Volunteers work to restore wetlands on National Bird Day

Dylan Chapple of Save the Bay (far left) shows the volunteers how to plant seedlings. Flags of different colors have been stuck into the ground, marking where each type of seedling should be planted.

Dylan Chapple of Save the Bay (far left) shows the volunteers how to plant seedlings. Flags of different colors have been stuck into the ground, marking where each type of seedling should be planted.

Wearing gloves and holding shovels, a group of volunteers knelt down along the Martin Luther King Jr. Shoreline on Wednesday afternoon near the Oakland International Airport. They were carefully planting seedlings in the soil surrounding a piece of marsh. “One Mississippi,” a lady in a straw hat counted to herself quickly—the verbal signal is a simple technique to avoid pouring too much water onto a new plant.

The volunteers had just learned that trick from Dylan Chapple, a restoration specialist with Save the Bay, the environmental collective that organized yesterday’s event. January 5 is National Bird Day, but Chapple said that volunteers come out to help restore the wetlands of the Bay Area every Wednesday. The group’s partners include companies like PG&E and Kaiser, as well as  schools around the Bay Area.

“Ninety percent of the wetlands once we had are gone,” said Chapple to the group while showing them two maps of the Bay Area—one of where the wetlands existed 200 years ago and one from 2001. “We are really working against a history of complete destruction.”

Chapple said the Bay Area, as the biggest estuary on the West Coast, is an important habitat for millions of birds on their migration routes. Sometimes 15 different species of birds can be seen feeding together after the tide’s ebb, he said. The highland beside the marsh where the volunteers were planting on Wednesday is a crucial shelter for the Clapper Rail, an endangered kind of bird that only exists in the Bay Area.

Other major functions of wetlands, Chapple said, are that they can soak up floodwater and filter out trash, which keeps pollution away from the Pacific Ocean. “The biggest single thing I pulled out of the bay was an airplane tire,” Chapple recalled. “At the same day we also pulled out a refrigerator. The weirdest thing I pulled out was a brand new flat screen computer monitor still in its box.”

As the climate is changing, Chapple added, the sea level has been rising every year, which is causing serious flooding for the residents and businesses near the bay.

Chapple, who moved from Los Angles to the Bay Area three years ago, has been a fan of nature since he was a kid. “When I settled in the bay, the first thing I became interested in was the bay itself,” Chapple said. He said he later got “sad about habitat being lost” and decided to do something active and beneficial by joining Save the Bay.

The Oakland-based organization, also known as Save the San Francisco Bay Association, was founded in 1961 by three East Bay women who “were watching the bay disappear before their eyes,” states the group’s website. During its 50-year existence, the organization has been working on restoring shoreline areas and defending natural habitats against pollution and commercial development. It has also been involved in establishing legislation that protects the wetlands of the Bay Area, including the McAteer-Petris Act, which was enacted in late 1960s and founded a state agency called the Bay Conservation and Development Commission.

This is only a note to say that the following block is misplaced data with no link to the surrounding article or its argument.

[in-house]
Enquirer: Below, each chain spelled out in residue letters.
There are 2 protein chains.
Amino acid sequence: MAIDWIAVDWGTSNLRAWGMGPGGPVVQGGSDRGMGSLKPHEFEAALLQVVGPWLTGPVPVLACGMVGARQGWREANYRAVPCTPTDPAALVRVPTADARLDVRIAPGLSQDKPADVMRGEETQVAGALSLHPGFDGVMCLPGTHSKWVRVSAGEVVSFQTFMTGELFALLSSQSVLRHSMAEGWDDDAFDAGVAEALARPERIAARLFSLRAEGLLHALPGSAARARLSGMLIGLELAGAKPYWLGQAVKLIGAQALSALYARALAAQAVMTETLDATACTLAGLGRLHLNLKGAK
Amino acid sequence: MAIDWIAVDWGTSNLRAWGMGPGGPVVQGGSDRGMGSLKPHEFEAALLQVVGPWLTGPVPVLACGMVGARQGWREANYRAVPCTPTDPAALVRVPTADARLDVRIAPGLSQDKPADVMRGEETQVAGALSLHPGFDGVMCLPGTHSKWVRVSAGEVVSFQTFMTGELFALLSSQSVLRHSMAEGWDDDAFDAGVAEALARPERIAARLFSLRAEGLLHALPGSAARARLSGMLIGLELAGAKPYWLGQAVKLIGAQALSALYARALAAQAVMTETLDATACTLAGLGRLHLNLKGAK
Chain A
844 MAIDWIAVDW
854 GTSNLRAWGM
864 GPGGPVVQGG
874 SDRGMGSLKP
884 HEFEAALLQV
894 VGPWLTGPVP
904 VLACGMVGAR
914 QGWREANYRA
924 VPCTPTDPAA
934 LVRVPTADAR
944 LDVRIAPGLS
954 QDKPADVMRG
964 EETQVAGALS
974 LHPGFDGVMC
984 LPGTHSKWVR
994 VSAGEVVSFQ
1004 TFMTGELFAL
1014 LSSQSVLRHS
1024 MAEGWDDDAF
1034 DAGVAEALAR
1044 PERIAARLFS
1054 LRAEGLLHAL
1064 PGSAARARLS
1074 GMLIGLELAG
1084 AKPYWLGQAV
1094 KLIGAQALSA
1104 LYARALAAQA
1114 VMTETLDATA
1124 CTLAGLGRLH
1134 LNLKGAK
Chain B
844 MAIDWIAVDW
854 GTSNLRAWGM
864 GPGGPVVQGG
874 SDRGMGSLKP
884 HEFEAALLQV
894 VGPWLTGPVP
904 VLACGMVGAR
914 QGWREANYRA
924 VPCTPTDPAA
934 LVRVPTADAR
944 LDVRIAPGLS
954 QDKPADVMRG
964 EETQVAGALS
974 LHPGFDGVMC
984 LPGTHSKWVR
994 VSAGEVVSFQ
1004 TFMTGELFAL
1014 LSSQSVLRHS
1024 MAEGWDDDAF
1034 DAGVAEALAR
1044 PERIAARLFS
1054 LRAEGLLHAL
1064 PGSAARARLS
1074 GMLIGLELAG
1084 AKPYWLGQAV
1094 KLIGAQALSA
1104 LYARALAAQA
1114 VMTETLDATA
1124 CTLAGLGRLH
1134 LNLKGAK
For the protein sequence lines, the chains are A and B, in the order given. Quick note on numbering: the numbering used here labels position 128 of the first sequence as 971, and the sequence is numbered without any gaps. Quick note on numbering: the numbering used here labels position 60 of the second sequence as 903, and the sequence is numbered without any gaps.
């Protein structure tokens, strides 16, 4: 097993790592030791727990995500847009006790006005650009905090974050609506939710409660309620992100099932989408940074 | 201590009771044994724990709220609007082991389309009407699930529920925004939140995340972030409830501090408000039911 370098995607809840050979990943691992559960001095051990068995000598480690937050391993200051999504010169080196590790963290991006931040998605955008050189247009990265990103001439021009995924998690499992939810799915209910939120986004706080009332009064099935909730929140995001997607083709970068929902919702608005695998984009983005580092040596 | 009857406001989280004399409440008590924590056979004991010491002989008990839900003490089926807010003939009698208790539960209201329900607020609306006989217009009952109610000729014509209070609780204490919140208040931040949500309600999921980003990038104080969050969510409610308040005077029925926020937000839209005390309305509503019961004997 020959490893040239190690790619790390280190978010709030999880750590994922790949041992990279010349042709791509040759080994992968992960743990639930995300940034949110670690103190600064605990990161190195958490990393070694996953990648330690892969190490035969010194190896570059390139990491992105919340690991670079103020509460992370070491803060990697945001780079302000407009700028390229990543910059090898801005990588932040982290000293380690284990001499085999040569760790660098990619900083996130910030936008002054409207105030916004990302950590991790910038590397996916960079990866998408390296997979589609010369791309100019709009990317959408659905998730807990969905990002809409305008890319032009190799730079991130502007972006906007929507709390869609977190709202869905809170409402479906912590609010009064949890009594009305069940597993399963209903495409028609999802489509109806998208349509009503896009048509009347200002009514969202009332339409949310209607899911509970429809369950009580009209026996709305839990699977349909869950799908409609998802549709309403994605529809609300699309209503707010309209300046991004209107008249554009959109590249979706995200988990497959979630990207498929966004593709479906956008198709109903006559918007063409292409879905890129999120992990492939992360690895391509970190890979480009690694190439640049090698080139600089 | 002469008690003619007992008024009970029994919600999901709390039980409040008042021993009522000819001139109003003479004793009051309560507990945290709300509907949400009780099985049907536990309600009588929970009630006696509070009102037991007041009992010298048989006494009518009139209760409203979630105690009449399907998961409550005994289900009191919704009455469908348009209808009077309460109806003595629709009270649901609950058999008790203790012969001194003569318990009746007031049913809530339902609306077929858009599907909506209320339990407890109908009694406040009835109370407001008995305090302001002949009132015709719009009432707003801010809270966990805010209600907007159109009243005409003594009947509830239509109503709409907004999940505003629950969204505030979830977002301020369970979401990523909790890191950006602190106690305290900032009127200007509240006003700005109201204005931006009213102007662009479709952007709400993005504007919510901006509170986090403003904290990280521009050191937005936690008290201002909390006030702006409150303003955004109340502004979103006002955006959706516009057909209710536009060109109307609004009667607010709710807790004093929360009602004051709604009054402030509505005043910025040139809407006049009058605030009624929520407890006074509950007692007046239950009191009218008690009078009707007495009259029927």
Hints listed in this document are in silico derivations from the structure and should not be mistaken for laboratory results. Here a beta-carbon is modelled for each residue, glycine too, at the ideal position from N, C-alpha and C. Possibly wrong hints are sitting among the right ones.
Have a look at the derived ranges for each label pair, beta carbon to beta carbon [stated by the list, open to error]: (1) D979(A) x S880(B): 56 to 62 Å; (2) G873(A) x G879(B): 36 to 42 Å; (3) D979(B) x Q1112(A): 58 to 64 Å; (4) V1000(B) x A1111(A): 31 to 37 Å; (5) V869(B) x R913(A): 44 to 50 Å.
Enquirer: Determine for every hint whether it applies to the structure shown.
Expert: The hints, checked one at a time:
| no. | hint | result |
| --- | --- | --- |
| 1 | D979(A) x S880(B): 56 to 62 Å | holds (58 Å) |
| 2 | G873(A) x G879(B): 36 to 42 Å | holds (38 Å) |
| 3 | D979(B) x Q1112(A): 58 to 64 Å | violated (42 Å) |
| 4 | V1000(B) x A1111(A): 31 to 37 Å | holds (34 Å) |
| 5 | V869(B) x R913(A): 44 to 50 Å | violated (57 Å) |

“The biggest part of our whole effort has been creating awareness about the bay and its connection to everyone around it, ” 92-year-old Sylvia McLaughlin, a co-founder of Save the Bay, told the Oakland Tribune last December.

One of the organization’s current campaigns is to help reduce plastic bags by passing laws that require a 25-cent fee on both paper and plastic bags distributed by all retailers. “Toxic plastic bag pollution is a growing problem in California and throughout the world,” proclaims a Save the Bay press release. “About one million bags wind up in the bay each year where they pollute the water, smother wetlands and entangle and kill animals.”

“99.5 percent of shore birds that are autopsied after death have plastic in their stomachs,” said Chapple on Wednesday. “You can buy organic produce but at this point in the ocean, if you’re eating an ocean fish, you can’t claim something is fully organic because they have such a high level of plastic in them.”

Three types of seedlings were planted yesterdayCalifornia Bee Plant, Sticky Monkey Flower and Naked Buck Wheat, which are all local plants that are dying out because of encroachment by other invasive species. The new plants will provide shelter and food for birds inhabiting in the marsh. Chapple said it will take up to five years after the seedlings have been planted before they are considered a self-sustaining population.

Many of Wednesday’s volunteers didn’t know that it was National Bird Day, but being able to help the environment was enough motivation to get dirty. “I see the value of helping the habitat here and I like working outside, ”said Laurel Cain, who just moved from Seattle to Oakland a few months ago. Alan Tong, a volunteer who’s an equipment operator at the Oakland International Airport, said he came out to plant the seedlings because he believes that people should “think about how to be more balanced with the ecology.”

“When I grew up here, it was really hard to find access to the bay, ” said Larry Flaten, a 46-year-old retired fire fighter from San Leandro who was volunteering for the second time. “Now we have the Bay Trail going along the bay—it’s an important part of where we live.”

One Comment

  1. josh

    Great story!

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